In another attempt to cut laser treatment times a California corporation, OptiMedica, has employed a pattern-scanning laser system. Named PASCAL, this method cuts treatment times by placing grids or arrays of burns on the patient's retina with a single triggered application. A twenty five or fifty six spot array can be chosen employing a semi-automated pattern generation display. The shots are delivered in sequence with short 532 nm laser pulses. While laudably cutting conventional treatment times this laser and software package is not likely to find ubiquitous world wide usage. The platform is expensive, large in size, and not easily mobile. It is expected to cost over $75,000/unit.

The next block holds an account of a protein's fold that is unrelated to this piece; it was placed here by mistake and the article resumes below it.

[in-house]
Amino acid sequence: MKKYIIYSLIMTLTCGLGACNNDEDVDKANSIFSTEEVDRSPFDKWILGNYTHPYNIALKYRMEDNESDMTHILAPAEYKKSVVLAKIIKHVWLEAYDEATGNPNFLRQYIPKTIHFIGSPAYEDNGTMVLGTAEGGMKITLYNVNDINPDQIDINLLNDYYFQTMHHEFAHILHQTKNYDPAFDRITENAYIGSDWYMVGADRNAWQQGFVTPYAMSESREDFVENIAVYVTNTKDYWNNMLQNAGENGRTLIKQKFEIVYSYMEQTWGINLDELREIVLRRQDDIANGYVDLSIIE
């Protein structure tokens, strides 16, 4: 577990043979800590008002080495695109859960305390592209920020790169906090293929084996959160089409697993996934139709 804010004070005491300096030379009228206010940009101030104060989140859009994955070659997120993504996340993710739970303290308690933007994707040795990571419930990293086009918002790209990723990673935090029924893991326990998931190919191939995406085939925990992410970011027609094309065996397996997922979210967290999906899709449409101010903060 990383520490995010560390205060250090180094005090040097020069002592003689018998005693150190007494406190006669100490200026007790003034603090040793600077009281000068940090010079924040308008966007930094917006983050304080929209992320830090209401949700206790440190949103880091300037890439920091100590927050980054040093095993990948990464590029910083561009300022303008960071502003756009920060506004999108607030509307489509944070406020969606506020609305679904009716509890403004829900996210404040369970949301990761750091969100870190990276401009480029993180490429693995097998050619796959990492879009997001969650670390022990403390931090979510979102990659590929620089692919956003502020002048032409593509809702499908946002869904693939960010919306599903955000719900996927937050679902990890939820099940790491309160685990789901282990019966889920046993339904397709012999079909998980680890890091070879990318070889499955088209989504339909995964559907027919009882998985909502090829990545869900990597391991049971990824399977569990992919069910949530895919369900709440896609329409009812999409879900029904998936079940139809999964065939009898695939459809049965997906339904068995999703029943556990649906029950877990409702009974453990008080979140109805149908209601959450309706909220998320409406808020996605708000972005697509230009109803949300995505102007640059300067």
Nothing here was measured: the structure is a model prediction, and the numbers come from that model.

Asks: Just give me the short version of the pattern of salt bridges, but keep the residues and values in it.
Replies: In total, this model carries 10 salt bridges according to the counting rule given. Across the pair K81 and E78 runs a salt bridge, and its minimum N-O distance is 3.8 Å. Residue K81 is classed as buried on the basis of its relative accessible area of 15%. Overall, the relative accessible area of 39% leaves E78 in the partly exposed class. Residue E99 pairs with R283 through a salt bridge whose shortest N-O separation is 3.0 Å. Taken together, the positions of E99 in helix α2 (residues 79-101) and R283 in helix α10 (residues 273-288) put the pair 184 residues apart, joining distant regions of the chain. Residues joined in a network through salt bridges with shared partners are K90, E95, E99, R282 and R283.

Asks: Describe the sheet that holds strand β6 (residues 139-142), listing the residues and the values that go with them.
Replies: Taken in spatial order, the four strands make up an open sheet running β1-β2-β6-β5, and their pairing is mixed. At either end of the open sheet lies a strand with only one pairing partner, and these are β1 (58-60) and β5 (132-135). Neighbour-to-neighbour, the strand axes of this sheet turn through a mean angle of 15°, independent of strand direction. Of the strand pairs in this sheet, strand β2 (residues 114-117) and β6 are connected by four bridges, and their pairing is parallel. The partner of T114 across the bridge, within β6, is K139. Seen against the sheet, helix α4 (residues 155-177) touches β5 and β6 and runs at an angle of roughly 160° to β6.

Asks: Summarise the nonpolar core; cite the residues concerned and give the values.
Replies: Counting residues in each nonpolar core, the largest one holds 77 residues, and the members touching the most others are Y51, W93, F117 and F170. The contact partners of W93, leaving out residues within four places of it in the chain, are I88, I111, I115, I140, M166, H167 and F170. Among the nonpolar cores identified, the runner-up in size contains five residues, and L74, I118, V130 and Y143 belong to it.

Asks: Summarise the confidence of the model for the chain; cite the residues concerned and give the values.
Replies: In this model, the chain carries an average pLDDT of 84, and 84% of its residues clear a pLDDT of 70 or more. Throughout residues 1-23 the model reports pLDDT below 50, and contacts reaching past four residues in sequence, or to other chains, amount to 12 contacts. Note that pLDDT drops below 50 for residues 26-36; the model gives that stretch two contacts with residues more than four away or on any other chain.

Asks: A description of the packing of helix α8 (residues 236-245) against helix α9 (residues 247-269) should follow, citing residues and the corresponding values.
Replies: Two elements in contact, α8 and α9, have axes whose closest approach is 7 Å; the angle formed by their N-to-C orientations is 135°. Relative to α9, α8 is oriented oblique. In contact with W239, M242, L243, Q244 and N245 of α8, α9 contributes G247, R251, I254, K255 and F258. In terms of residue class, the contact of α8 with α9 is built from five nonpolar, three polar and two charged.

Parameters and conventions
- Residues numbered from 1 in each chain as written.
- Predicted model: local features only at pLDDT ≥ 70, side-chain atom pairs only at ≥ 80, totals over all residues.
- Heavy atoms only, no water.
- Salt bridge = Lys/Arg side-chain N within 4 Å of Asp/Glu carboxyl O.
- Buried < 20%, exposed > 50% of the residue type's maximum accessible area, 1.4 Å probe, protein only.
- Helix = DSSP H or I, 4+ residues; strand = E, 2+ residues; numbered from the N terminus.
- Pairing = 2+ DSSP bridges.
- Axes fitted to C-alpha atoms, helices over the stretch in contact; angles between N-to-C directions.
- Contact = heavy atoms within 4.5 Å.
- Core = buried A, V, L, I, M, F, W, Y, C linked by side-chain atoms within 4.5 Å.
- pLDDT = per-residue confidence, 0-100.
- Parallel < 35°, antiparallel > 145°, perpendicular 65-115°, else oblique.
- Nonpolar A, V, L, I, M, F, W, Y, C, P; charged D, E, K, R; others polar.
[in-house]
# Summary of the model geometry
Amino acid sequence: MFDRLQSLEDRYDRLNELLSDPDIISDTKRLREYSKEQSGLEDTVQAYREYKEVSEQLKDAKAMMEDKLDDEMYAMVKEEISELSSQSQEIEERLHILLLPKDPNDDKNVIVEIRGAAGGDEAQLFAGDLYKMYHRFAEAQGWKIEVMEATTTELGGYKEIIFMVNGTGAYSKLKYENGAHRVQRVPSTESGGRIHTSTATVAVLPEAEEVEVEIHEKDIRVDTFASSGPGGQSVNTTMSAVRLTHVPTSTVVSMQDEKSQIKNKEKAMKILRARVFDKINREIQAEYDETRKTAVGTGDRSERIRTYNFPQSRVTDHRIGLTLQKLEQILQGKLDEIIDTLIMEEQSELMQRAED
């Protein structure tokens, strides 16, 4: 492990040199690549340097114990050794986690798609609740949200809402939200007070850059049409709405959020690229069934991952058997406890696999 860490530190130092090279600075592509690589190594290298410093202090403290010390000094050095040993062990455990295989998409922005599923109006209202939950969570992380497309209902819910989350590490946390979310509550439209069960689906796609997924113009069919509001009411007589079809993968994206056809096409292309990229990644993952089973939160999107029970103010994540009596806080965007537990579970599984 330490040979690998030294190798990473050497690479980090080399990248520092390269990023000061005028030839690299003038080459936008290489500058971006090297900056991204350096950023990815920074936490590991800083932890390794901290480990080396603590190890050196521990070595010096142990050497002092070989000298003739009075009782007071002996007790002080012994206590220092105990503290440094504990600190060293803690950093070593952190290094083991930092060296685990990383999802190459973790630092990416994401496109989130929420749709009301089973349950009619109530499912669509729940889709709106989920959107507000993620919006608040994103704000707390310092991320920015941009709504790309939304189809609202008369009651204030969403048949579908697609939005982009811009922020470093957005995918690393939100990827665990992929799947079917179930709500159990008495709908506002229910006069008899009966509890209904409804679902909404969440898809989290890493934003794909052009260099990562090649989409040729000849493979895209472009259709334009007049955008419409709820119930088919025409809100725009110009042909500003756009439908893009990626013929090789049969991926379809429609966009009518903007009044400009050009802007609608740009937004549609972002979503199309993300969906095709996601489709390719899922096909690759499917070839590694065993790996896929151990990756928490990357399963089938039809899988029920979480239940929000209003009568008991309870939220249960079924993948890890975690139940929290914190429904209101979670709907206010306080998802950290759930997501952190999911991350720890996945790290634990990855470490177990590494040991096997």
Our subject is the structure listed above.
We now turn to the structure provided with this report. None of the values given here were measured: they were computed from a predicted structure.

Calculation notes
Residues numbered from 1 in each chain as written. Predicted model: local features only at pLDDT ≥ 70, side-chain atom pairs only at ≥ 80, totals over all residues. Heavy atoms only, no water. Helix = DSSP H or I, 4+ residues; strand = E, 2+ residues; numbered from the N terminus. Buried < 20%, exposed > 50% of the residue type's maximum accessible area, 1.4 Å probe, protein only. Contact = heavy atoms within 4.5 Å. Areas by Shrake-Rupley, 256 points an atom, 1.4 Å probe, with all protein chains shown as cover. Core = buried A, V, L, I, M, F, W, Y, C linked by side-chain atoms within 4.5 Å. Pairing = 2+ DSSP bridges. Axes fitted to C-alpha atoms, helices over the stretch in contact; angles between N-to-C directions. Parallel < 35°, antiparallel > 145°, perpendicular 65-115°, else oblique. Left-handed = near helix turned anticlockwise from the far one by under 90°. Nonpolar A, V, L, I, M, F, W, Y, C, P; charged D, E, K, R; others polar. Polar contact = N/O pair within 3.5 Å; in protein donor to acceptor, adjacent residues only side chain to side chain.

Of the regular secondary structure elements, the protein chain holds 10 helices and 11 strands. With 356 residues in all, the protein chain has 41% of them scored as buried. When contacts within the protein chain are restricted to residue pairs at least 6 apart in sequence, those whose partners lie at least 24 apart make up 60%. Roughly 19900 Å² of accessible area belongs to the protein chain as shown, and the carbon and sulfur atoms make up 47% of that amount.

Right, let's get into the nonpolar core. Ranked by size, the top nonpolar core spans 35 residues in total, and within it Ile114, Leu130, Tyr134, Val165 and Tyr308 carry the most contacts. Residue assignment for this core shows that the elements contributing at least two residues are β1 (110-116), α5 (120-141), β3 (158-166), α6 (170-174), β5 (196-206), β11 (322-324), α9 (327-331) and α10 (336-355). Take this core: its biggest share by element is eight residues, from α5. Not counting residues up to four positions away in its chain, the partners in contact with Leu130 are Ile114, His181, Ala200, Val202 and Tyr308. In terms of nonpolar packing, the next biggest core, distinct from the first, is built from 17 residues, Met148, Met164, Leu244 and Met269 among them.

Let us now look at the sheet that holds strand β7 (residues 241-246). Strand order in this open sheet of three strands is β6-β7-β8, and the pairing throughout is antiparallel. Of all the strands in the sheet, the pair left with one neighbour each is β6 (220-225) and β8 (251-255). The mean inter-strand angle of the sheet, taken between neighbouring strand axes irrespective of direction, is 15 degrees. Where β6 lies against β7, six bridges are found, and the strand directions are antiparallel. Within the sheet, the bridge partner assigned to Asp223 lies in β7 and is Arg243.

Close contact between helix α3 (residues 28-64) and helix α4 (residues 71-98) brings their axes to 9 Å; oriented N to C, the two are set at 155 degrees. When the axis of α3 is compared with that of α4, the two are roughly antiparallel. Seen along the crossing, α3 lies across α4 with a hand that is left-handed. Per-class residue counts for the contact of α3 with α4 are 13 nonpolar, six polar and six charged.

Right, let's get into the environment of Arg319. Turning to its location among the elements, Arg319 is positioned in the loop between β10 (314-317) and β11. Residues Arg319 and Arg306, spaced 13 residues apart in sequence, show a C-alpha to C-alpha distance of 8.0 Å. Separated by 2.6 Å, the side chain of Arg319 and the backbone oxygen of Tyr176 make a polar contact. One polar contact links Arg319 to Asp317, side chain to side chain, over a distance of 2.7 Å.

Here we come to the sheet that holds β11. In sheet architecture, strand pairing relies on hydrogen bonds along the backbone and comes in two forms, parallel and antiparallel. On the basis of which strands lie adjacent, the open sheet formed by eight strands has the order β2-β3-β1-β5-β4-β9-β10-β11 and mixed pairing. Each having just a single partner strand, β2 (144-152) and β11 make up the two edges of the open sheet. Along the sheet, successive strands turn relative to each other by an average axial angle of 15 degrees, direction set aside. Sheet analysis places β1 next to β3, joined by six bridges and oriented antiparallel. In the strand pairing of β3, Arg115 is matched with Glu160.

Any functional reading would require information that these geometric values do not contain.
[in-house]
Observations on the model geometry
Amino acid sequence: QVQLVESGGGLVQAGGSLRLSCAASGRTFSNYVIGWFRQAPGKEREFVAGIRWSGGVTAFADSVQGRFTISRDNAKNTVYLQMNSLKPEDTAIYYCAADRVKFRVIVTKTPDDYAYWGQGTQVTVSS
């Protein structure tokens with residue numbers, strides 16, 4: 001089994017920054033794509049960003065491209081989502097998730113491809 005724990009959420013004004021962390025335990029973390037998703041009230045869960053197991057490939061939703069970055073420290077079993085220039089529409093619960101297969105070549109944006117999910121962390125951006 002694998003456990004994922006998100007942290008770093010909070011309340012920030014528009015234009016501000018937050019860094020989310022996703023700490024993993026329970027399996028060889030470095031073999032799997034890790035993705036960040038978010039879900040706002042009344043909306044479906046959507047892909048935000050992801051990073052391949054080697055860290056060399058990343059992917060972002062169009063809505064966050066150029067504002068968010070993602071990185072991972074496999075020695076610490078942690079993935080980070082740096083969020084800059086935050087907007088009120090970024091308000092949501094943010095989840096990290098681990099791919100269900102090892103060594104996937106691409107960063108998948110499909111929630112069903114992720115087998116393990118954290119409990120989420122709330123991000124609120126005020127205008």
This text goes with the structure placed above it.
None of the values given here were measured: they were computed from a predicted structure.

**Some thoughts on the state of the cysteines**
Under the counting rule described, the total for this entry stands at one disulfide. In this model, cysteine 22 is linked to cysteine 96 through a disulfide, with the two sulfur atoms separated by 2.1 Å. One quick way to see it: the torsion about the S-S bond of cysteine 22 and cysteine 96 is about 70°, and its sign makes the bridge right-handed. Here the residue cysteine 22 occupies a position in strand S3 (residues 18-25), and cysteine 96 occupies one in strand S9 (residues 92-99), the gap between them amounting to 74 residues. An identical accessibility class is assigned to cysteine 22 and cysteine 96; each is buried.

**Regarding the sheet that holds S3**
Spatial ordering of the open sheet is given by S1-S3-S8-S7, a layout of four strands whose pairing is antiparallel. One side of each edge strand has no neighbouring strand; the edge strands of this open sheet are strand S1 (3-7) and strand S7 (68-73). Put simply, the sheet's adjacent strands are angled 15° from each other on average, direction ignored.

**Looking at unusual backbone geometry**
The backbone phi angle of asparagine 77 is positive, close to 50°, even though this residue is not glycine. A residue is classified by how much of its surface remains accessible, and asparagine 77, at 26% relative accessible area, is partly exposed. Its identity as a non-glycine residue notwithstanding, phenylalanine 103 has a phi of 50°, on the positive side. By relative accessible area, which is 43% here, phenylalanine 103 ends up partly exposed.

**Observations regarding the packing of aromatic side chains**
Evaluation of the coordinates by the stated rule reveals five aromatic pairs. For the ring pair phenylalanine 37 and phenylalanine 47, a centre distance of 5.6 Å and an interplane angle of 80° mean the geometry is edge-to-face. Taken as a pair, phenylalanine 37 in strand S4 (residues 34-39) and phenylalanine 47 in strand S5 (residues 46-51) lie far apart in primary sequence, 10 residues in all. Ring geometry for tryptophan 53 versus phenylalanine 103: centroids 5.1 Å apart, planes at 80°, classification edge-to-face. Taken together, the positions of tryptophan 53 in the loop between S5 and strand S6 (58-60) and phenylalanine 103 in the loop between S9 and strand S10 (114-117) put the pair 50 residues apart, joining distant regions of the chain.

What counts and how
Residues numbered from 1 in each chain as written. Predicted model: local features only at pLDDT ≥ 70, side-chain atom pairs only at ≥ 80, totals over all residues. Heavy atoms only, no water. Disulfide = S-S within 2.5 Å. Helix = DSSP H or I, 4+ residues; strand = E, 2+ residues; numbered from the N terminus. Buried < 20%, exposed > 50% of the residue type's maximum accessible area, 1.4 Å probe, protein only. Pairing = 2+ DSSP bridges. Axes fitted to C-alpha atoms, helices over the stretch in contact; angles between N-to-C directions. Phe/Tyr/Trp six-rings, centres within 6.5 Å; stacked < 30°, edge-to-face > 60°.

In U.S. patent application Ser. No. 11/193/735 Eisenberg and Partono (2005) addressed issues of diminishing treatment times, reducing complications, minimizing operator errors, and improving procedure comfort. Their invention acts as a laser beam diverter so that treatment light is placed in a circumferential pattern. The process of panretinal photocoagulation is not only automated by their invention but the cheaper cost of the device will allow for worldwide distribution. With U.S. patent application Ser. No. 11/523,437 the same inventors (Eisenberg and Partono) refined their approach to automating panretinal laser photocoagulation by advancing a device that was even cheaper to build and worked on a different mechanical principle. Interposed between the hardware of a laser delivery device and the patient's eye their instrument reflects and diverts laser energy by a system of mirrors or prisms. The net effect is to reduce patient therapy times, reduce operators aiming errors, reduce complications of treatment, and reduce patient pain. Furthermore, the invention is mobile, small, adaptable to most conventional laser machines, and relatively inexpensive. Nothing in the current application reduces the efficacy and the viability of the author's prior devices. However, in the current invention the process is further simplified, the manufacturing cost is reduced, and a new mechanical mechanism is introduced.